In Defense of MSG
The secret history of umami unearths some interesting nuggets of info.
(SPOT.ph) Early in the 20th Century, a bright-eyed chemist in Japan noticed white crystalline powder on the surface of kombu, a kind of kelp that the Japanese have been using for stock for centuries. The powder was discovered to be a kind of glutamate. Glutamates accentuate nuances of food by amplifying food’s flavors. The sensation associated with glutamates was eventually described in the rest of the world as umami, and the foodstuff most associated with it is monosodium glutamate—MSG.
Today, MSG is the bane of the culinary world. They don’t understand MSG; they therefore distrust it. To them it is chemical, harmful, not natural—its usage is a violation of their values. It is consequently avoided and vilified. As MSG and umami predicate the passions of the palate, they precipitate debate and possibly, decimation of common sense.
Infidelity, Devotion, and a Proposition
Robert Wolke, a chemist himself and commentator on food, on the matter: “What’s a ‘natural flavor,’ you ask? It’s a substance derived from something in nature, rather than made from scratch in a laboratory or factory. To be called 'natural,' it doesn't matter how chemically complex or convoluted the processes may be that ultimately isolated the flavor substance, as long as those processes began with something untouched by human hands.” Nowadays, most MSG is derived from the bacterial fermentation of sugar. MSG is natural, at least according to Wolke’s faculties, yet pretensions persist in portraying the acronym as villain—as enemy. Moreover, because the MSG was developed in a laboratory—and not in a pest-infested clay vat, its usage is perceived as infidelity to kitchen craft.
Our desire for glutamate-rich food is evident in the past couple of years' destination of choice. An inspection of traditional Japanese dashi (base stock for de rigueur ramen) exposes savory secrets: Not only does it contain glutamates from kombu, it has inosines from the shavings of smoked skipjack the Japanese call katsuoboshi, and guanosines from the optional dried shiitake mushroom. Similar in effect to glutamates, inosines and guanosines boost savoriness. If one has an aversion towards monosodium glutamate, then disodium inosinate (inosines from animal sources) and disodium guanylate (guanosines derived from plants) might as well be equally unfavorable. All three ingredients are reaped from nature—regardless of how their reputation as “artificial” precedes them.
Talk of the “artificial” leads us closer to what is known as the “artisanal.” Artisanal and traditional sources of glutamates are the theme of countless homilies—harangues harking at a bygone yet unforgotten time when MSG wasn't around. All of these sources are still around—and abound: the innocent tomato; fermented fishiness found in Tagalog patis, Indonesian petis, Malay budu, Thai nam pla, Vietnamese nuoc mam, Italian colatura, et cetera; moldy soy like miso, shoyu, toyo, et cetera; Parmigiano-Reggiano, and many others.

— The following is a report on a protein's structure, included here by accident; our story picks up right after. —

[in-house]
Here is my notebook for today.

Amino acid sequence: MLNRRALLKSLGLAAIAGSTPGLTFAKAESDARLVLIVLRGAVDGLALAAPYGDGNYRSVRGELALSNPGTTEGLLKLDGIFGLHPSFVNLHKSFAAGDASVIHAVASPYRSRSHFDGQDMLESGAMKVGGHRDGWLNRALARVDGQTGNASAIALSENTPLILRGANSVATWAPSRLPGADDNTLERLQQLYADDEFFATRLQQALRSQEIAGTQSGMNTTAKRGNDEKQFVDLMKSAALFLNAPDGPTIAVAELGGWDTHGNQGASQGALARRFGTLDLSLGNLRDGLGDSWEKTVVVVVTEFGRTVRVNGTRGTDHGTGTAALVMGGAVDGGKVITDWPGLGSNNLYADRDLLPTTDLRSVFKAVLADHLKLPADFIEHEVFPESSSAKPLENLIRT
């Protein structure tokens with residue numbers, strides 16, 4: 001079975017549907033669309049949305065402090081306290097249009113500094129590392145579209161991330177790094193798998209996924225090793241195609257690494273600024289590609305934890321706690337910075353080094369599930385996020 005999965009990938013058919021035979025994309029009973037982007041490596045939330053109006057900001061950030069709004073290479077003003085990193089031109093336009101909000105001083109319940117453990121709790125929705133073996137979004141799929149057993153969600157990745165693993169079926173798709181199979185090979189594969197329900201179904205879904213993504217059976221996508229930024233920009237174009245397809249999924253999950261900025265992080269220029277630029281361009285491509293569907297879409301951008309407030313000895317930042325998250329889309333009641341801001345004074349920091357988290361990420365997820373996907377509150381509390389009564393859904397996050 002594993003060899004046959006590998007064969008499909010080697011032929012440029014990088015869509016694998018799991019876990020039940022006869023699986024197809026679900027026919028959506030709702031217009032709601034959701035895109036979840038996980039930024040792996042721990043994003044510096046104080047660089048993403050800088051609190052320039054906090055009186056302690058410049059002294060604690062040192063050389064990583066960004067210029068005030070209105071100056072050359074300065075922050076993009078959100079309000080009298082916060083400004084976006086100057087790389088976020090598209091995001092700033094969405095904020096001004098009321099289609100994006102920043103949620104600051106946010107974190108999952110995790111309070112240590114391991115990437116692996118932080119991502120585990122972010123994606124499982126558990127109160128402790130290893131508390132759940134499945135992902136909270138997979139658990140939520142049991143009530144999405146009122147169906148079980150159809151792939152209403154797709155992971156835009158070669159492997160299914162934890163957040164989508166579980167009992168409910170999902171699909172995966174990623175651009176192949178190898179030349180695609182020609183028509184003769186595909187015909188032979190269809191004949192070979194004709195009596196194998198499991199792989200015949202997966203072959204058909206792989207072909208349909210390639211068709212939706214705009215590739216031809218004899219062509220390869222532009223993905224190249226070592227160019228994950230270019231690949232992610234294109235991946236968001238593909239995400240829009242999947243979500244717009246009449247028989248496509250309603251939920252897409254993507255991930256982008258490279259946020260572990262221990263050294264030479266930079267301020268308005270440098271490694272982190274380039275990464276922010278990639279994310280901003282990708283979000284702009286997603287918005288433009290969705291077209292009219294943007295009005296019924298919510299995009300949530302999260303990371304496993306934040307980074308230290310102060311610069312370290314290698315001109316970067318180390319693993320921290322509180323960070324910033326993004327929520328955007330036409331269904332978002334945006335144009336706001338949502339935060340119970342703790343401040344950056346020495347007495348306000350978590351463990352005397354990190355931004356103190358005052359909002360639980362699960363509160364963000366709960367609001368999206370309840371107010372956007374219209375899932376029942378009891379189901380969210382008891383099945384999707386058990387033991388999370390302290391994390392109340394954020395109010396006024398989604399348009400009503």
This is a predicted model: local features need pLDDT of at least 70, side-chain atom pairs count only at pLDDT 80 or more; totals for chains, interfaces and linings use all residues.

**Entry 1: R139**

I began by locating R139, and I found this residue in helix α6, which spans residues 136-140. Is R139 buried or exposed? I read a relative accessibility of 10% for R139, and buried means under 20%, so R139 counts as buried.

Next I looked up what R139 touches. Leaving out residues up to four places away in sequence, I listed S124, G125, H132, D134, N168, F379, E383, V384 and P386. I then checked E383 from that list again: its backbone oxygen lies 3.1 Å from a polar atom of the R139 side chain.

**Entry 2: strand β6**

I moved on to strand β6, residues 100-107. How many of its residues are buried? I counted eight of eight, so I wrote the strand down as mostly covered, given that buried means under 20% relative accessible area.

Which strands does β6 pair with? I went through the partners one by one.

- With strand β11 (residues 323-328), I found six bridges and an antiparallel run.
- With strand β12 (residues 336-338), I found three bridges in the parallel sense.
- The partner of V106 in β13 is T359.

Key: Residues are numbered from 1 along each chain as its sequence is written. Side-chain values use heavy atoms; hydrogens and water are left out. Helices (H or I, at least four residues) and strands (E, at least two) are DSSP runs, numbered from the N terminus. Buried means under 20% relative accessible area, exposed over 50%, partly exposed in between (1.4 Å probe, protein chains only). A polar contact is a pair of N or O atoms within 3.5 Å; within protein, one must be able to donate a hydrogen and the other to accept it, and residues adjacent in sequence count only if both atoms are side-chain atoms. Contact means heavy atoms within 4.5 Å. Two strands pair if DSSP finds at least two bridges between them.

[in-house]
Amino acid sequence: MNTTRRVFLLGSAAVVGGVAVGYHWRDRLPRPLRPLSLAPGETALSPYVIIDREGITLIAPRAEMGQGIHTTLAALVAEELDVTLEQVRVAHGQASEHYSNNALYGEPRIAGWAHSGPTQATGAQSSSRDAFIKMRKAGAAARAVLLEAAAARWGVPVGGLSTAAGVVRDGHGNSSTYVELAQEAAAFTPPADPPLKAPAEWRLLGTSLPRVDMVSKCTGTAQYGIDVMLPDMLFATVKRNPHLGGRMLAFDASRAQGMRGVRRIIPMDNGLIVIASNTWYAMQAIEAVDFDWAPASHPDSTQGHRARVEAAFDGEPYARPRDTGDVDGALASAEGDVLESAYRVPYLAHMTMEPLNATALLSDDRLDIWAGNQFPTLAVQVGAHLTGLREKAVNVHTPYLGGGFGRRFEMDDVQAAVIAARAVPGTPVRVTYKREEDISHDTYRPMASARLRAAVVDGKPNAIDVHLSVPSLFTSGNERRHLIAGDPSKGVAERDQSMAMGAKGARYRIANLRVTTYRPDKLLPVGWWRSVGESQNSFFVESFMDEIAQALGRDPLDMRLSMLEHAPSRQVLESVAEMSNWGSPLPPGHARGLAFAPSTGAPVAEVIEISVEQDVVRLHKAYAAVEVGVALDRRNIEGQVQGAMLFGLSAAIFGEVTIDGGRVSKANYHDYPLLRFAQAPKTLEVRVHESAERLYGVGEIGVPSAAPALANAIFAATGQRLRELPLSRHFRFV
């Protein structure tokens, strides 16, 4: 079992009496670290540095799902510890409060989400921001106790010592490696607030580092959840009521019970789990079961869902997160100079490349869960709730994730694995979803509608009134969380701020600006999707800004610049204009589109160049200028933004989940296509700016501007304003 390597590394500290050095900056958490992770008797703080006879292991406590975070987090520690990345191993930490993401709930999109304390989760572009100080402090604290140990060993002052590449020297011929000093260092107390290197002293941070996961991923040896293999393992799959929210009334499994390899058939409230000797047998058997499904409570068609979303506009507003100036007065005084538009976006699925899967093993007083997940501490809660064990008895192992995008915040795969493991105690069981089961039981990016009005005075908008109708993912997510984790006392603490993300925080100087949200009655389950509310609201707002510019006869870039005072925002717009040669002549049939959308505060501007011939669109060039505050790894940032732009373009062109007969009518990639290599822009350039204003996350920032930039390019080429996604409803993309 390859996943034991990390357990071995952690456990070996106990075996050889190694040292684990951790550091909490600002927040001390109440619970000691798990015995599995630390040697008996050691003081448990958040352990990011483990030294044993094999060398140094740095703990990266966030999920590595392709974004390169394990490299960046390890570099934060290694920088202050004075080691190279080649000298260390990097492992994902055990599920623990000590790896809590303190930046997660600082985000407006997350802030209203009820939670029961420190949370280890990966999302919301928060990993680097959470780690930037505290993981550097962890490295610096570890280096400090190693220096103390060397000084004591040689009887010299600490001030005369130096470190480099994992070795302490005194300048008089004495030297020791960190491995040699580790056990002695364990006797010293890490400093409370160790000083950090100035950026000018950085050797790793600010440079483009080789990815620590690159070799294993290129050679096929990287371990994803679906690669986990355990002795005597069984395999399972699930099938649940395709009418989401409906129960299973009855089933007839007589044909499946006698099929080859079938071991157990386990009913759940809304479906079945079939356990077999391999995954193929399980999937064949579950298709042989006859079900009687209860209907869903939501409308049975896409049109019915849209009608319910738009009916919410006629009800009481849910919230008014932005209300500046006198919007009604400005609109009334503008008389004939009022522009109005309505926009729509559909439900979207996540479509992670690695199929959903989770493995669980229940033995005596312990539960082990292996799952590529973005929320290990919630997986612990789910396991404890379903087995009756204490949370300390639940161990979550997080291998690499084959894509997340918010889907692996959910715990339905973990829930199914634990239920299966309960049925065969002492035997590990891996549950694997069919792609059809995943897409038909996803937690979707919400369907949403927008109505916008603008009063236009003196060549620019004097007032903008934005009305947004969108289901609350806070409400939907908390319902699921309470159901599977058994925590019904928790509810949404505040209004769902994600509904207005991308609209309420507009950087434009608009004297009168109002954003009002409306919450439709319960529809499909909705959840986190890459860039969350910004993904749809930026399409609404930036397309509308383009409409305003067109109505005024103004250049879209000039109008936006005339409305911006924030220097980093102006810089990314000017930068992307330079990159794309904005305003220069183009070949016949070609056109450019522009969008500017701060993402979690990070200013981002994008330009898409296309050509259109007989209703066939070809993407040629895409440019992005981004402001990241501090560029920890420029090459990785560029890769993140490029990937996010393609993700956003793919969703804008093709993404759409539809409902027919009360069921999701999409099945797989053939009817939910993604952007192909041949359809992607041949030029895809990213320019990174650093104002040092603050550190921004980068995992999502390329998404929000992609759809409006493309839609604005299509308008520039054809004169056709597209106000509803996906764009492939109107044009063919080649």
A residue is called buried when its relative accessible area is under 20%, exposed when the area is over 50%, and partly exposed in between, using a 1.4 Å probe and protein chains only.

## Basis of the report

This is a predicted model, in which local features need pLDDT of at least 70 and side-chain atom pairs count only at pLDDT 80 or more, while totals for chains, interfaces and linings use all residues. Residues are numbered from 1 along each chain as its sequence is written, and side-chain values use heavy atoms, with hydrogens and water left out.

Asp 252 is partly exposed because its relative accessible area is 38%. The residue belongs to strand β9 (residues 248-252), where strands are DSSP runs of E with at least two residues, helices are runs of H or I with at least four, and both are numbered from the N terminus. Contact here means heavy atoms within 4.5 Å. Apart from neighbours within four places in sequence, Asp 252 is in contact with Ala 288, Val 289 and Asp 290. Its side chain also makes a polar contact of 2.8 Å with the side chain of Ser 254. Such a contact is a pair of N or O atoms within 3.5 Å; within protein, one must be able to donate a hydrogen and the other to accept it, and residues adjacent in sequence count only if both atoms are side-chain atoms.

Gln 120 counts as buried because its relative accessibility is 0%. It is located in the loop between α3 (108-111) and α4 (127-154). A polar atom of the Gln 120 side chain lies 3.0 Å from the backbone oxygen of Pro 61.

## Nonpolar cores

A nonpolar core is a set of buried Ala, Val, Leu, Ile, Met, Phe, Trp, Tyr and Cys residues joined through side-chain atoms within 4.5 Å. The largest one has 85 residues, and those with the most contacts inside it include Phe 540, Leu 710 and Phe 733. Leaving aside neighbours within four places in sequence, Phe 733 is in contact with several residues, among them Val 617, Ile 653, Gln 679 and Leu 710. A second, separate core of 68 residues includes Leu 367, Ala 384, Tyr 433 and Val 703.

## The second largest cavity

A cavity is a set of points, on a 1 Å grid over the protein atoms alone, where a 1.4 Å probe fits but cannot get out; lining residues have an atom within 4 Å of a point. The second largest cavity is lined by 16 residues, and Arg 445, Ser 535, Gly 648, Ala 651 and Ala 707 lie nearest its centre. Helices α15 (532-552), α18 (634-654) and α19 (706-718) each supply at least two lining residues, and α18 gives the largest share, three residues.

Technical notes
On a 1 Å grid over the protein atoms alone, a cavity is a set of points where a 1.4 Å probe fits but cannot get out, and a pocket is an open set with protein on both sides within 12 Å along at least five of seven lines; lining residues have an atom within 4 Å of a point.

But to say that these are the only proper and wholesome sources of glutamates are mere platitudes of the plate. Unadulterated and pure patis may not demand exorbitant prices, but there is a mysticism in their viewed value to culinary culture—especially when contrasted with its “reproduced” version, MSG. Nostalgia for kitchen gambits of the past augments contempt for innovation, and there is nothing wrong with keeping traditions alive—their relevance can never be trivialized. It is their sanctification that impedes on the benefits of expediency. The new tradition of the MSG dash here and there, is a democratic one. The proposition is to obtain a position of compromise: maintain the traction of traditions, while being open to the new.
Drunkenness and Pleasure
But what about its alleged ill effects? Ill-informed belief usually lays blame for our assorted afflictions on food regarded as unnatural (one misconception piled onto another). In an essay on MSG, Jeffrey Steingarten reveals a few facts: “The FDA found no evidence for the life-threatening consequences that some enemies of MSG have claimed for years, but it did accept reports that asthmatics may be more sensitive to MSG than the general population.”
Steingarten continues by talking about the findings of biochemist Karl Folkers and his University of Texas associates, “In two papers written in the early ‘80s, they showed that people who react to MSG may be suffering from a vitamin B6 deficiency... The implication is that people who complain of Chinese-Restaurant Syndrome are not eating right...” Chinese-Restaurant Syndrome is an effect associated with consumption of MSG. It involves weakness, palpitations, headache, nausea, skin-flushing. Coincidentally, all symptoms may be likewise associated with drunkenness. So, drunk from MSG then. In inebriation, there too is a benefit befitting MSG; Menalque, a character from Gide’s The Immoralist, shares, “what I want from drunkenness is an enhancement, not a diminution of life.”
Enjoying life (while it lasts) is a continuation of how our lives began. The act of breastfeeding is one of the first we take as live individuals. Breast milk—the first food we taste, also serves evolutionary purpose as it counts glutamate among its contents. Glutamate is food for cells; it is likewise a molecular component needed by our stomachs and intestines as infants. Perhaps the obsession we have with delicacy was ingrained in our infancy, and the intimacy of sucking on a teat is thus a portent of pleasures yet to come.